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by Abigail Van Buren

DEAR ABBY: I have read your column every day for years. Your recent reply to "Waiting for Frank" was right on line, but you omitted one important thing -- how lying and sneaking around is, in itself, detrimental to a person. Frank had promised to make up for all their lying and sneaking around. This kind of behavior changes one, and becomes a part of a person that can never be "made up for."

Thank goodness I had sense enough to know this years ago, when I was a married woman with children and fell in love with a married man who also had children. I knew that lying and sneaking around would change us as people, and realized the damage we could cause our families. Although we were deeply in love, we chose to let our heads rule over our hearts -- and we did not have an affair.

I do not mean to preach. Although we chose not to have an affair, I now have more compassion for people who are not strong enough to resist the temptation. I realize that in a weak moment, it could have happened to us.

It is certainly better to have loved and lost than never to have loved at all. The love we shared has enriched and sustained my life in many ways, but I am grateful that we did not succumb to the temptation to have an affair. -- HEAD OVER HEART

DEAR HEAD OVER HEART: If more people behaved as you did, I would be out of business. You are very wise. It's better to have used your head than to have bruised your heart and shattered your marriage.

DEAR ABBY: I saw a letter in your column from "Plumber's Wife." She said that every faucet in her house dripped. Well, my mechanic husband and I own five cars. Two won't start at all, and one barely runs. I have sent the car that runs to the repair shop many times, which didn't faze my husband. It meant less work for him.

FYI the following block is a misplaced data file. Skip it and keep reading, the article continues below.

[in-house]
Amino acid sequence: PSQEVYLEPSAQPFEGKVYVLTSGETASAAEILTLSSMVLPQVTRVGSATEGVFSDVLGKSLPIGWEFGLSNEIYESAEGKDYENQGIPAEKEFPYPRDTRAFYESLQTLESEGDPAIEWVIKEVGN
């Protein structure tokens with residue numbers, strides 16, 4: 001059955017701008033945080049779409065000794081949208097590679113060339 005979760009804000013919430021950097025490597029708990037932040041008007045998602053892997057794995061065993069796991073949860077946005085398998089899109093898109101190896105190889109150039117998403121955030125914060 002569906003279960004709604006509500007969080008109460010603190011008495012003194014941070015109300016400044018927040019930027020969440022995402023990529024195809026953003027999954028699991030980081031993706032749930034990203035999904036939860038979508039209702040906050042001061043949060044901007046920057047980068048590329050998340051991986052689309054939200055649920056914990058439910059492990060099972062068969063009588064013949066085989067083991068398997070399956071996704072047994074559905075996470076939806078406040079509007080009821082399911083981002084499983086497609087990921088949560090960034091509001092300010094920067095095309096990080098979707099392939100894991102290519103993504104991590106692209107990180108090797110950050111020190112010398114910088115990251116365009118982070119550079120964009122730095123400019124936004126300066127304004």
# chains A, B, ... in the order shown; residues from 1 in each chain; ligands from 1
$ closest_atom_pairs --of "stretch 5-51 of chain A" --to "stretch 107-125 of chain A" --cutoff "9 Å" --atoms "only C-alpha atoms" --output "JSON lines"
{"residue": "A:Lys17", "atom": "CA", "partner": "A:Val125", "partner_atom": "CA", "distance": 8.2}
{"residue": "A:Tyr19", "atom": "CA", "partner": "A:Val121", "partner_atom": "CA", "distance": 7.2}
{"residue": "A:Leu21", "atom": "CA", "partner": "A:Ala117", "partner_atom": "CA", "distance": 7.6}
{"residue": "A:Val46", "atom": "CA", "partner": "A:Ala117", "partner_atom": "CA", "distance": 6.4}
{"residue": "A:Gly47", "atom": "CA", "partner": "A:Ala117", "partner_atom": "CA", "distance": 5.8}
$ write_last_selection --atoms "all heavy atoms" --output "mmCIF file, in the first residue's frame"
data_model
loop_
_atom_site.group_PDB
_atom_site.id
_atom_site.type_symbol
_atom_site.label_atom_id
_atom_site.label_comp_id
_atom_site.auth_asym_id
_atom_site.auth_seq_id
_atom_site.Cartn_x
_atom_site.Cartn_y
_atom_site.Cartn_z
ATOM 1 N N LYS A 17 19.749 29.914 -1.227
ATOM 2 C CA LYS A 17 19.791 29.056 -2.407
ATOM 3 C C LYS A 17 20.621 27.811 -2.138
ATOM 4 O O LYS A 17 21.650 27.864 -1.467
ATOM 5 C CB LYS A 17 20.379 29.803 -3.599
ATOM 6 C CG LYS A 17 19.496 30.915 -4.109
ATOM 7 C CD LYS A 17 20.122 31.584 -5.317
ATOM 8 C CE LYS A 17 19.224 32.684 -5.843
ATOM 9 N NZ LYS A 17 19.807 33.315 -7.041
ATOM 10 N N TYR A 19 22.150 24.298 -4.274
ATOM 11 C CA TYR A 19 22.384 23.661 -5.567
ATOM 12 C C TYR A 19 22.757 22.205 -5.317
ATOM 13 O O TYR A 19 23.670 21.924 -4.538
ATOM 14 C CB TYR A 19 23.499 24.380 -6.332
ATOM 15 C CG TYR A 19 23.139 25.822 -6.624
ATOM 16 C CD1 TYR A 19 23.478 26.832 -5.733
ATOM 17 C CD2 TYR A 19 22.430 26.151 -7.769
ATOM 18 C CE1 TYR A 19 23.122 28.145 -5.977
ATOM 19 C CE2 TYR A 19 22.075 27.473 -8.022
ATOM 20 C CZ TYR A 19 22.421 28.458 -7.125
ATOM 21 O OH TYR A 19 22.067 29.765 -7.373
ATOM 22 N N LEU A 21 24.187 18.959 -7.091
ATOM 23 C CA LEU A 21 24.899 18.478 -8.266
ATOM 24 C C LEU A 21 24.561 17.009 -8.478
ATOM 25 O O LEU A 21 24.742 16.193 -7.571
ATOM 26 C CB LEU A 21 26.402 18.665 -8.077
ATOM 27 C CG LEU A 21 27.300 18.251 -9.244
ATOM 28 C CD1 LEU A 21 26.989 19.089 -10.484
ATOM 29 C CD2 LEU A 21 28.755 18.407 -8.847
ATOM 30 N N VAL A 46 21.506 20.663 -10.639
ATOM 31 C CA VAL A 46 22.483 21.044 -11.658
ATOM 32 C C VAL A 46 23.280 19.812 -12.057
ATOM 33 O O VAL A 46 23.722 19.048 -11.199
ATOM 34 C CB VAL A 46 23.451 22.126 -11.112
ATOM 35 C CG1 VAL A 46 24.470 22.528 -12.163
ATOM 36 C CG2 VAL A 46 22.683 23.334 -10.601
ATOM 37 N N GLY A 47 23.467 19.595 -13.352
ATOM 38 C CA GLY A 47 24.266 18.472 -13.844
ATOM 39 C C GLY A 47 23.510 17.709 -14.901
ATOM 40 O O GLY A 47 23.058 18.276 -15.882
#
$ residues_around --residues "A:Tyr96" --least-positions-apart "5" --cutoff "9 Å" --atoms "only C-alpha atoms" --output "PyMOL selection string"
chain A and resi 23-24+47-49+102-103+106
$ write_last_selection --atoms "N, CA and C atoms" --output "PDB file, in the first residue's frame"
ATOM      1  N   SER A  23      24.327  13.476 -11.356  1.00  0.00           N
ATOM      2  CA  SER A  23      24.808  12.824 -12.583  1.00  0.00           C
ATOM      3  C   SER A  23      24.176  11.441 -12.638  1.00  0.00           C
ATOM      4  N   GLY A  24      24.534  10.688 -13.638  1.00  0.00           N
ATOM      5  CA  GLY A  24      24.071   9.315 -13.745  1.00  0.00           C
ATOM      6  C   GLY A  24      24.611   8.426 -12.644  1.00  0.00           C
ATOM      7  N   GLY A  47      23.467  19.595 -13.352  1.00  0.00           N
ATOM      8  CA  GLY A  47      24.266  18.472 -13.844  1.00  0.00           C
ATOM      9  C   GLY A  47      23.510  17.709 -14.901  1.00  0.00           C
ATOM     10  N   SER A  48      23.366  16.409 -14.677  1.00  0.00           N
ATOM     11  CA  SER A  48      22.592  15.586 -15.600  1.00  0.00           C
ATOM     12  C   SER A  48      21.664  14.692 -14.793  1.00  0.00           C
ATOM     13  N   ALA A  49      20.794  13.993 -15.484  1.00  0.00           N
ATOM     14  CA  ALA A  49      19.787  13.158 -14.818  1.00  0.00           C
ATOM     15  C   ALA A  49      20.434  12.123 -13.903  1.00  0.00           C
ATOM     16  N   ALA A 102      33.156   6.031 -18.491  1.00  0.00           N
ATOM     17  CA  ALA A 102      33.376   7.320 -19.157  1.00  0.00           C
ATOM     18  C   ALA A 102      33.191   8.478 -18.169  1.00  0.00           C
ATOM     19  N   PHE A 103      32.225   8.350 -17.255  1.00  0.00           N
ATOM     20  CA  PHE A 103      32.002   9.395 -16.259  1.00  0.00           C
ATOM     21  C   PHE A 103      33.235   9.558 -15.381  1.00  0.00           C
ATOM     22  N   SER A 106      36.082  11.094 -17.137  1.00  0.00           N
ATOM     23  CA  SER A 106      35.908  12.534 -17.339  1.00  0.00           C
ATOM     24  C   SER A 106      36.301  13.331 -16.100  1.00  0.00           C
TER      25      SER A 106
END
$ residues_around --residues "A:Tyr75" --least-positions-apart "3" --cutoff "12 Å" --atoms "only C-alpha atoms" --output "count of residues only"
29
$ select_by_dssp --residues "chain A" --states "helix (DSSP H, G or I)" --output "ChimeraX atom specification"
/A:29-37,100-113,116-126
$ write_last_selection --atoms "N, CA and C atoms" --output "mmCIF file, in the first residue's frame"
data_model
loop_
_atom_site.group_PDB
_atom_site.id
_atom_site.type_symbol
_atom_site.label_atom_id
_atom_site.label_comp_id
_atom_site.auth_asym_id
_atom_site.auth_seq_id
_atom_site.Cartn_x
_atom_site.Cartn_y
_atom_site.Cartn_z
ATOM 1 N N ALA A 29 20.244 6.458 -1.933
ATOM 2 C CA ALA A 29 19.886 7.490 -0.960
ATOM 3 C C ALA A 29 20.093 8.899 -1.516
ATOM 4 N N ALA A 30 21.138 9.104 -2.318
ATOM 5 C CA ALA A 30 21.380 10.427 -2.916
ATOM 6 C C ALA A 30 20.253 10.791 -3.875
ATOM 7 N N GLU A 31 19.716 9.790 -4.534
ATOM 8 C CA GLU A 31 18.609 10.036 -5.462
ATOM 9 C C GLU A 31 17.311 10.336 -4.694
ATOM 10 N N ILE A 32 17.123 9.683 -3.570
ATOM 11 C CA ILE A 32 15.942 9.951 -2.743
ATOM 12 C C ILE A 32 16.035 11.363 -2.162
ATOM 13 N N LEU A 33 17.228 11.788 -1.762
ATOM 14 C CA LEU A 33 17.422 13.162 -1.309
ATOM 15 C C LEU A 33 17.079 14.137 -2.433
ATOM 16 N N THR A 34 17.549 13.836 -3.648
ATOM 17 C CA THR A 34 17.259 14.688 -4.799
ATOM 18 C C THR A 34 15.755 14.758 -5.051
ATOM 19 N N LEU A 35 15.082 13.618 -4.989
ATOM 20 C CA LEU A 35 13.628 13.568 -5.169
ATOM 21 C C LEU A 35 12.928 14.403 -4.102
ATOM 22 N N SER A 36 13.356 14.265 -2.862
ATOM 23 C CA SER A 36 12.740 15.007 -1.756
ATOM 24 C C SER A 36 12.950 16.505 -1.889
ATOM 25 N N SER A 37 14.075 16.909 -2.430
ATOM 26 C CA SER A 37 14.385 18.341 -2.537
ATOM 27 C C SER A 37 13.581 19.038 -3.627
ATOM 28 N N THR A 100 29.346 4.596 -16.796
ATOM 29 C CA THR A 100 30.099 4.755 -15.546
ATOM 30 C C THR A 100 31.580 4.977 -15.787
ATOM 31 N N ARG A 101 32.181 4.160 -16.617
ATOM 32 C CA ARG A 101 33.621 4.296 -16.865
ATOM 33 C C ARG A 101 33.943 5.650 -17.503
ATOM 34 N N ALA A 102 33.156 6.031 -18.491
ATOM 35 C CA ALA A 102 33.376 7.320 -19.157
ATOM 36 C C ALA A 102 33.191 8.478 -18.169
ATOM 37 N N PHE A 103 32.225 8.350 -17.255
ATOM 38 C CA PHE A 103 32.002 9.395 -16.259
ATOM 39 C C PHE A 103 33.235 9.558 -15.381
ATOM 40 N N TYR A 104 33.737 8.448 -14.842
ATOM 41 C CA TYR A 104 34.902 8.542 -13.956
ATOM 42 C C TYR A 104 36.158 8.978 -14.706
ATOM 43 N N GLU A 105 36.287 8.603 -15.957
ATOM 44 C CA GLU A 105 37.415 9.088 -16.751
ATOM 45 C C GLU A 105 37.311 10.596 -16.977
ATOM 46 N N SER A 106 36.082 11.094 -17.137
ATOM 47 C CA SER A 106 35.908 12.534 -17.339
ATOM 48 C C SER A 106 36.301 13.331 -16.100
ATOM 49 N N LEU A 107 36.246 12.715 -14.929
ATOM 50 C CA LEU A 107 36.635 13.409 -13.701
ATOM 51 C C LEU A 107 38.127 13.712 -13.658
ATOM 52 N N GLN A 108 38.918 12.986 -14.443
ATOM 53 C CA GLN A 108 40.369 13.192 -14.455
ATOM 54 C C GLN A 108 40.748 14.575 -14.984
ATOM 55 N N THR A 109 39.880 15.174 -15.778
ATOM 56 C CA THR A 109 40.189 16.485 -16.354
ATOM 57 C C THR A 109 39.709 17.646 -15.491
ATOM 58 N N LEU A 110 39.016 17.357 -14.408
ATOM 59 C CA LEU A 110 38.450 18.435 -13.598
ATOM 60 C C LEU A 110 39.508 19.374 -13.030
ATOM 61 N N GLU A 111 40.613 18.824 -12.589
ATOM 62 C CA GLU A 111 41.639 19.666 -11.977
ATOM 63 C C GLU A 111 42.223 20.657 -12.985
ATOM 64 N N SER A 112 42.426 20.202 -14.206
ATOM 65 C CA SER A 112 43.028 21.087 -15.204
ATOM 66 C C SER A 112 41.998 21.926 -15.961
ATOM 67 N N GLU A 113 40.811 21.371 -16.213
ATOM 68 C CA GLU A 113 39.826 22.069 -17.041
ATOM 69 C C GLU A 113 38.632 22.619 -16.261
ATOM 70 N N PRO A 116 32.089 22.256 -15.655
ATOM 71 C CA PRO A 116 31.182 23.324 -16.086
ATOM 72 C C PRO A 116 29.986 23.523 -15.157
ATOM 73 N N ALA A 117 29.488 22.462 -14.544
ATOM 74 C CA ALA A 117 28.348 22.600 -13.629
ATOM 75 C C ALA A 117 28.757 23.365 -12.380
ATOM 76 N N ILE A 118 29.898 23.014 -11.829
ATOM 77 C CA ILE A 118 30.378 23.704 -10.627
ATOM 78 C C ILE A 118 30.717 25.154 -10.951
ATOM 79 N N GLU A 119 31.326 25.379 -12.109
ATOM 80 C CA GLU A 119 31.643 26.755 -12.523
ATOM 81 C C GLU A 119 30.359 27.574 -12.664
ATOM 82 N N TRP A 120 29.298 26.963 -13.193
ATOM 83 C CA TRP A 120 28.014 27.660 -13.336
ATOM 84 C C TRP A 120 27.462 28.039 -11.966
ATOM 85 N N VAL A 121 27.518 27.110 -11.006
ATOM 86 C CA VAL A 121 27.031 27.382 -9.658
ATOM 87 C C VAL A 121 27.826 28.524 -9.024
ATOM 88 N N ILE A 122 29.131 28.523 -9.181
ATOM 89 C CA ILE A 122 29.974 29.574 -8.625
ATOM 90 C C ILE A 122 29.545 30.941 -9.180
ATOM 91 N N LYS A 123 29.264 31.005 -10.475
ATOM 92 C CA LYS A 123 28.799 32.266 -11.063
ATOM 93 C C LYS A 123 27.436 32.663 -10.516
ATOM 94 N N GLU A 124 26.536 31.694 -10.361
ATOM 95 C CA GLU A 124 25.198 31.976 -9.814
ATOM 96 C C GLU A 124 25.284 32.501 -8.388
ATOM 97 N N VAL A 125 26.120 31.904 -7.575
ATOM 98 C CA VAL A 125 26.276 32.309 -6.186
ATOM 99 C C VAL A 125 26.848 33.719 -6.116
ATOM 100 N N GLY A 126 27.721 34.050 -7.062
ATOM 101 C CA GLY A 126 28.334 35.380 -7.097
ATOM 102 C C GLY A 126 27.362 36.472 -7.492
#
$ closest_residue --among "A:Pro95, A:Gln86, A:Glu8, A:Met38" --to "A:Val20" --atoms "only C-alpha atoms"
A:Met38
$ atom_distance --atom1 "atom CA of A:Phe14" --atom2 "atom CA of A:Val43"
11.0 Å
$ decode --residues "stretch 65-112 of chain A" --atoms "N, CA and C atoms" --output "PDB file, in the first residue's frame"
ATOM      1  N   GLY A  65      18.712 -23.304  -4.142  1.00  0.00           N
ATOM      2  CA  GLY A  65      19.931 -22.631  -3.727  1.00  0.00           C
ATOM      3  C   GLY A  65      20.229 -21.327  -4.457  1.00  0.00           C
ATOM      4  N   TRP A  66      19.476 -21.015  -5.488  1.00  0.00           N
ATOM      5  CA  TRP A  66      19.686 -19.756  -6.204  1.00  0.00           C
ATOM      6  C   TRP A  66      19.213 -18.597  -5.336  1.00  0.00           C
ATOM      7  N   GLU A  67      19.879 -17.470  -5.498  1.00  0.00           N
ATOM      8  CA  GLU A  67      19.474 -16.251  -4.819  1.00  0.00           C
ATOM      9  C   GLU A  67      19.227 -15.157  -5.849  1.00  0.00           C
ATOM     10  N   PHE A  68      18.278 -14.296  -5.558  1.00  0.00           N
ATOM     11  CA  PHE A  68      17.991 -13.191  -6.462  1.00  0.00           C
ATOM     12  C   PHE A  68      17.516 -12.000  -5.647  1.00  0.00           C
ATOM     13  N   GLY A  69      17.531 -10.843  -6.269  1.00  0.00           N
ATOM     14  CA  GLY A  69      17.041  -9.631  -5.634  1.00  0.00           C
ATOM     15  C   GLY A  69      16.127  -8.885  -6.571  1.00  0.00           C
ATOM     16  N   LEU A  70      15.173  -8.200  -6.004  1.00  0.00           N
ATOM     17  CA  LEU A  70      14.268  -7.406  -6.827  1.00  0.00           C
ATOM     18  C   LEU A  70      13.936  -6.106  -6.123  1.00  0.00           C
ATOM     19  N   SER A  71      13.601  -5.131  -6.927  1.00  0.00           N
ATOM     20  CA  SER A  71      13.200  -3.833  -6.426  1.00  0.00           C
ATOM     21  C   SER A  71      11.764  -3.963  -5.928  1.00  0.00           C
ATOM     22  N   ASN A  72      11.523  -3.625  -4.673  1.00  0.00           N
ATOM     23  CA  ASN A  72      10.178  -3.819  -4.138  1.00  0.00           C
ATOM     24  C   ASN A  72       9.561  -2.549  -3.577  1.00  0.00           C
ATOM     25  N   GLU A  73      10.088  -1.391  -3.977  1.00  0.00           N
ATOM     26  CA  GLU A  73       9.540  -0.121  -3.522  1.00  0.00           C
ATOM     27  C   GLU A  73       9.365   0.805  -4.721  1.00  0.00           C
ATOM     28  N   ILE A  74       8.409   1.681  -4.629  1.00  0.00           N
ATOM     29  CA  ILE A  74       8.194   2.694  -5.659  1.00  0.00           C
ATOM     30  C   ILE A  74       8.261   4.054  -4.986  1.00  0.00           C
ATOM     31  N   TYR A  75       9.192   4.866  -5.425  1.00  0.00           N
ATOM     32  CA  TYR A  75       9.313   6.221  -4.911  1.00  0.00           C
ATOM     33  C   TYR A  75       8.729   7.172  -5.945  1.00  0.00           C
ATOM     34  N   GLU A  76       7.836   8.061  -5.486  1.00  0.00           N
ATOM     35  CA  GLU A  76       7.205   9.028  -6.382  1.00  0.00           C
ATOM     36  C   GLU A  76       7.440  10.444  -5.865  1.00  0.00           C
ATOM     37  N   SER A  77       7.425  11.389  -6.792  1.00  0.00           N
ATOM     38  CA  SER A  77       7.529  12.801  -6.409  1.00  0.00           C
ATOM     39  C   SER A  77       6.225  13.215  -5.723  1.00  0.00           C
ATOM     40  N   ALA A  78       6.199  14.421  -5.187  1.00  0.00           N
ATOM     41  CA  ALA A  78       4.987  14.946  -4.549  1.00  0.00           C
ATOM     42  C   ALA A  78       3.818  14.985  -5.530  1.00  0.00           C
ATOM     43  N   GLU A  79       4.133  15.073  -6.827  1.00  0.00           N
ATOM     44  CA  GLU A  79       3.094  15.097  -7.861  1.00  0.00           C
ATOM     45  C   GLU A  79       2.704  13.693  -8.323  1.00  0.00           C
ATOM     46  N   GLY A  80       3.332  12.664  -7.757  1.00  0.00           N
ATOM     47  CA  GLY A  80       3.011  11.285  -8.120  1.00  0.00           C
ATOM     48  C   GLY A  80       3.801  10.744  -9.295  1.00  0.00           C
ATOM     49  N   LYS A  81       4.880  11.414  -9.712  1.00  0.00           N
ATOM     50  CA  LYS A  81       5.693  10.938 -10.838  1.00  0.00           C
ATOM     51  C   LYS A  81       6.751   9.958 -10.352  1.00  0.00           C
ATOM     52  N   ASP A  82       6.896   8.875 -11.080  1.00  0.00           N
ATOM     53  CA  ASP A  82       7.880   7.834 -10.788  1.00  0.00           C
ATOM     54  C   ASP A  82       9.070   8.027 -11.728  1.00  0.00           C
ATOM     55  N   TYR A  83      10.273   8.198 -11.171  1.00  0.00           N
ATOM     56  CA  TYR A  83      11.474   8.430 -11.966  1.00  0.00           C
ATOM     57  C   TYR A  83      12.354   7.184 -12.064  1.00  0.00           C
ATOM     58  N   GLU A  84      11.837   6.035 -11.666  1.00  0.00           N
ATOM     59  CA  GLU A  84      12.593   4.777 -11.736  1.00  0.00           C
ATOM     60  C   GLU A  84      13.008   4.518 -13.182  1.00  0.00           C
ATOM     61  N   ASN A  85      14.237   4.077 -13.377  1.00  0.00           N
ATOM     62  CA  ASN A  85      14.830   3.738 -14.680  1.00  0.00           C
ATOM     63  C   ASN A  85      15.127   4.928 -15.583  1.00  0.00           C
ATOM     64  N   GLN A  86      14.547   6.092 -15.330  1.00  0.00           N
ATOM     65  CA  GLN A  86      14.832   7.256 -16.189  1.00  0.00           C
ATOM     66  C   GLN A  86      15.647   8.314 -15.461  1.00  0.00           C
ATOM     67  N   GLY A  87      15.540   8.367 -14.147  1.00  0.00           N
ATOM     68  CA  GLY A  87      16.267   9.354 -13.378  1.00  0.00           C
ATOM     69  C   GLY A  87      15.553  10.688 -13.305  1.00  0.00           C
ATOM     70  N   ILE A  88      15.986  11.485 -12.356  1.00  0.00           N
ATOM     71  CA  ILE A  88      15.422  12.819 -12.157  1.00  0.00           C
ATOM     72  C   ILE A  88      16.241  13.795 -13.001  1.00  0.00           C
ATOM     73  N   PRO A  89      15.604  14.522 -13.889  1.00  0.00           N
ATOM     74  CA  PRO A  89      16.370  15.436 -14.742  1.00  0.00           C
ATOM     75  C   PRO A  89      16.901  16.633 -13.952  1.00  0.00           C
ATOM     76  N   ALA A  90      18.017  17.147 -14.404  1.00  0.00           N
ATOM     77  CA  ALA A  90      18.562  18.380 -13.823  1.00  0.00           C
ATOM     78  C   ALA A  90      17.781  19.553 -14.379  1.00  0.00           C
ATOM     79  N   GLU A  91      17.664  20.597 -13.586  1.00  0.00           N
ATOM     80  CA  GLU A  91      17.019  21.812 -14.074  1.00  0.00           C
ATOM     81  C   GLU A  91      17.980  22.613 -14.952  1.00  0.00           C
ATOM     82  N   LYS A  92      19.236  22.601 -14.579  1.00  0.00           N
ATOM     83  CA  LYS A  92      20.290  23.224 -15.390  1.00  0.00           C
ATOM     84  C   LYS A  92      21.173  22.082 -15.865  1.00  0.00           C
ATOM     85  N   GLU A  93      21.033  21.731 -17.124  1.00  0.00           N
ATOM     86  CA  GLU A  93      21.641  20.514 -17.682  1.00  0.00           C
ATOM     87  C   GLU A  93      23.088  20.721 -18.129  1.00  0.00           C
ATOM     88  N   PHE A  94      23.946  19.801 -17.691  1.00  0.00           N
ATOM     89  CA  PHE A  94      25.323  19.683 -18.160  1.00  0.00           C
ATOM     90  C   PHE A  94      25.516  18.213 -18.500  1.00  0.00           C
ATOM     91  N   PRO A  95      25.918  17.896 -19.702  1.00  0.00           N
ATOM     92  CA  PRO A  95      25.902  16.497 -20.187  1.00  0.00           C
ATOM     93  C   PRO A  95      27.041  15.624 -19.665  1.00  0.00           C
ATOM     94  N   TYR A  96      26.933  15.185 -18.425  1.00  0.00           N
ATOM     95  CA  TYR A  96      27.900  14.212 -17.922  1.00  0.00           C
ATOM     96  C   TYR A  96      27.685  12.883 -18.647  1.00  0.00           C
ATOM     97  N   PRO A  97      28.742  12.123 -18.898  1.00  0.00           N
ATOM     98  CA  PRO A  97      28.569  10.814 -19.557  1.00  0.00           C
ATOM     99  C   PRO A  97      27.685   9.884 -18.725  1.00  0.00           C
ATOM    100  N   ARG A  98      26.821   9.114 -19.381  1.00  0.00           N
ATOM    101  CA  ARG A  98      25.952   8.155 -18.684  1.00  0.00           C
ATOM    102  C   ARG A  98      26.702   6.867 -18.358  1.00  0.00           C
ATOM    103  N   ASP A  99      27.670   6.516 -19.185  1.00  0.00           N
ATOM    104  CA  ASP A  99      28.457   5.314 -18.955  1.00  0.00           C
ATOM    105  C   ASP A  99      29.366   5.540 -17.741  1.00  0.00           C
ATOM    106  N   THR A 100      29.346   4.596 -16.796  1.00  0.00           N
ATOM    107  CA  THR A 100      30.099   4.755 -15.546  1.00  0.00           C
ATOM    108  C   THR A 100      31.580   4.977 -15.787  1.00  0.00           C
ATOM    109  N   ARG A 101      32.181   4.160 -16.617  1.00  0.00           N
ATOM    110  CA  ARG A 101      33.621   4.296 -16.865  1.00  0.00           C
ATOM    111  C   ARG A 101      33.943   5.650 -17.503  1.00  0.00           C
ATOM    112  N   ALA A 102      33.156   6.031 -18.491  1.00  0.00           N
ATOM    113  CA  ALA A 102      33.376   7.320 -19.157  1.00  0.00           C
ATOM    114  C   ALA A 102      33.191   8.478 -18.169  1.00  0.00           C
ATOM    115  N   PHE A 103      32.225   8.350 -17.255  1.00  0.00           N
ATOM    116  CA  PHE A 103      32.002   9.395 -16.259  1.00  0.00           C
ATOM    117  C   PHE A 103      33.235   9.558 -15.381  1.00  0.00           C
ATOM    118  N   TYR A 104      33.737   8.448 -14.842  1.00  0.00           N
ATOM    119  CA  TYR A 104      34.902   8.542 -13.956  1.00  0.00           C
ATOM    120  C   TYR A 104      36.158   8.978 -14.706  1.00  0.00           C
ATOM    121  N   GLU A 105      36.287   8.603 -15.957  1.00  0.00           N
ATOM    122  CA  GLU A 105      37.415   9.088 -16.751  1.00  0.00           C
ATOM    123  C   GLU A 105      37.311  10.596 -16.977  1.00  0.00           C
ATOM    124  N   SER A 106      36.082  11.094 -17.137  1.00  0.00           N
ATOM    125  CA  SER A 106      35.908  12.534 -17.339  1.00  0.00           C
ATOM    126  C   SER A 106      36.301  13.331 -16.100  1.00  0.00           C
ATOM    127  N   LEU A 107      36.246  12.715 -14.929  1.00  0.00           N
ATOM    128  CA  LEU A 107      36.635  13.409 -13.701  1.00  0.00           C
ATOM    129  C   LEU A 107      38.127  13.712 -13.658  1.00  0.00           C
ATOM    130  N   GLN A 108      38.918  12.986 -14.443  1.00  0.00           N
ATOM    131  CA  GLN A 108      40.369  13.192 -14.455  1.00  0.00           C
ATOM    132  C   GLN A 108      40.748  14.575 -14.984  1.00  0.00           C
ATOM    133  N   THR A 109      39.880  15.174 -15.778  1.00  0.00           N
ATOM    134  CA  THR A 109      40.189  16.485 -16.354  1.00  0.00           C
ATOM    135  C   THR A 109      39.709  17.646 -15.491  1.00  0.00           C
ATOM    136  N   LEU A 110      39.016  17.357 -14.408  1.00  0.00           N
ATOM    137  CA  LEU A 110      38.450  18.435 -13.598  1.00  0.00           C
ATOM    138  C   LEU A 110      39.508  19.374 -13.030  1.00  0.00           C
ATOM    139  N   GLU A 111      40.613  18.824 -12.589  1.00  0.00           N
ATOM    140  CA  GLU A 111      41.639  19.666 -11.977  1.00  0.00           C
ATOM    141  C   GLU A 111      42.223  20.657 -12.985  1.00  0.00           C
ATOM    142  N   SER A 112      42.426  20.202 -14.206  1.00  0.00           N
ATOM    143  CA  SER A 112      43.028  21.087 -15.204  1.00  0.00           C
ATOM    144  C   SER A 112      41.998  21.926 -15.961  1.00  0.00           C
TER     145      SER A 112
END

My father is a carpenter, and my parents' home was always the last to be repaired.

My former husband managed a grocery store and rarely would he shop for me.

I am a child-care provider, but after hours I prefer to be away from small children.

Abby, do you enjoy giving advice after office hours? I think it's only human nature to occupy your precious spare time with something other than your 40-hour-a-week occupation. -- MECHANIC'S WIFE

DEAR MECHANIC'S WIFE: I have no objections to giving advice after office hours. But perhaps that's because I love what I do and consider it a privilege -- not a job.

DEAR ABBY: Our friend "Mary" and her late husband raised six successful adult children, all professionals and most have multiple degrees.

We are upset by the way they treat their aged and disabled mother. They mock her disabilities and diminished hearing in front of her friends -- even strangers. We are embarrassed and angered, but do we have the right to say anything to her brood? Or should we continue to keep quiet? -- SACRAMENTO SAM AND VALLEY TOM

DEAR SAM AND TOM: You not only have the right, but an obligation to say plenty concerning the shabby treatment to which this aged and disabled woman is being subjected. Silence in this case is unforgivable!

What teens need to know about sex, drugs, AIDS, and getting along with peers and parents is in "What Every Teen Should Know." To order, send a business-sized, self-addressed envelope, plus check or money order for $3.95 ($4.50 in Canada) to: Dear Abby, Teen Booklet, P.O. Box 447, Mount Morris, Ill. 61054-0447. (Postage is included.)

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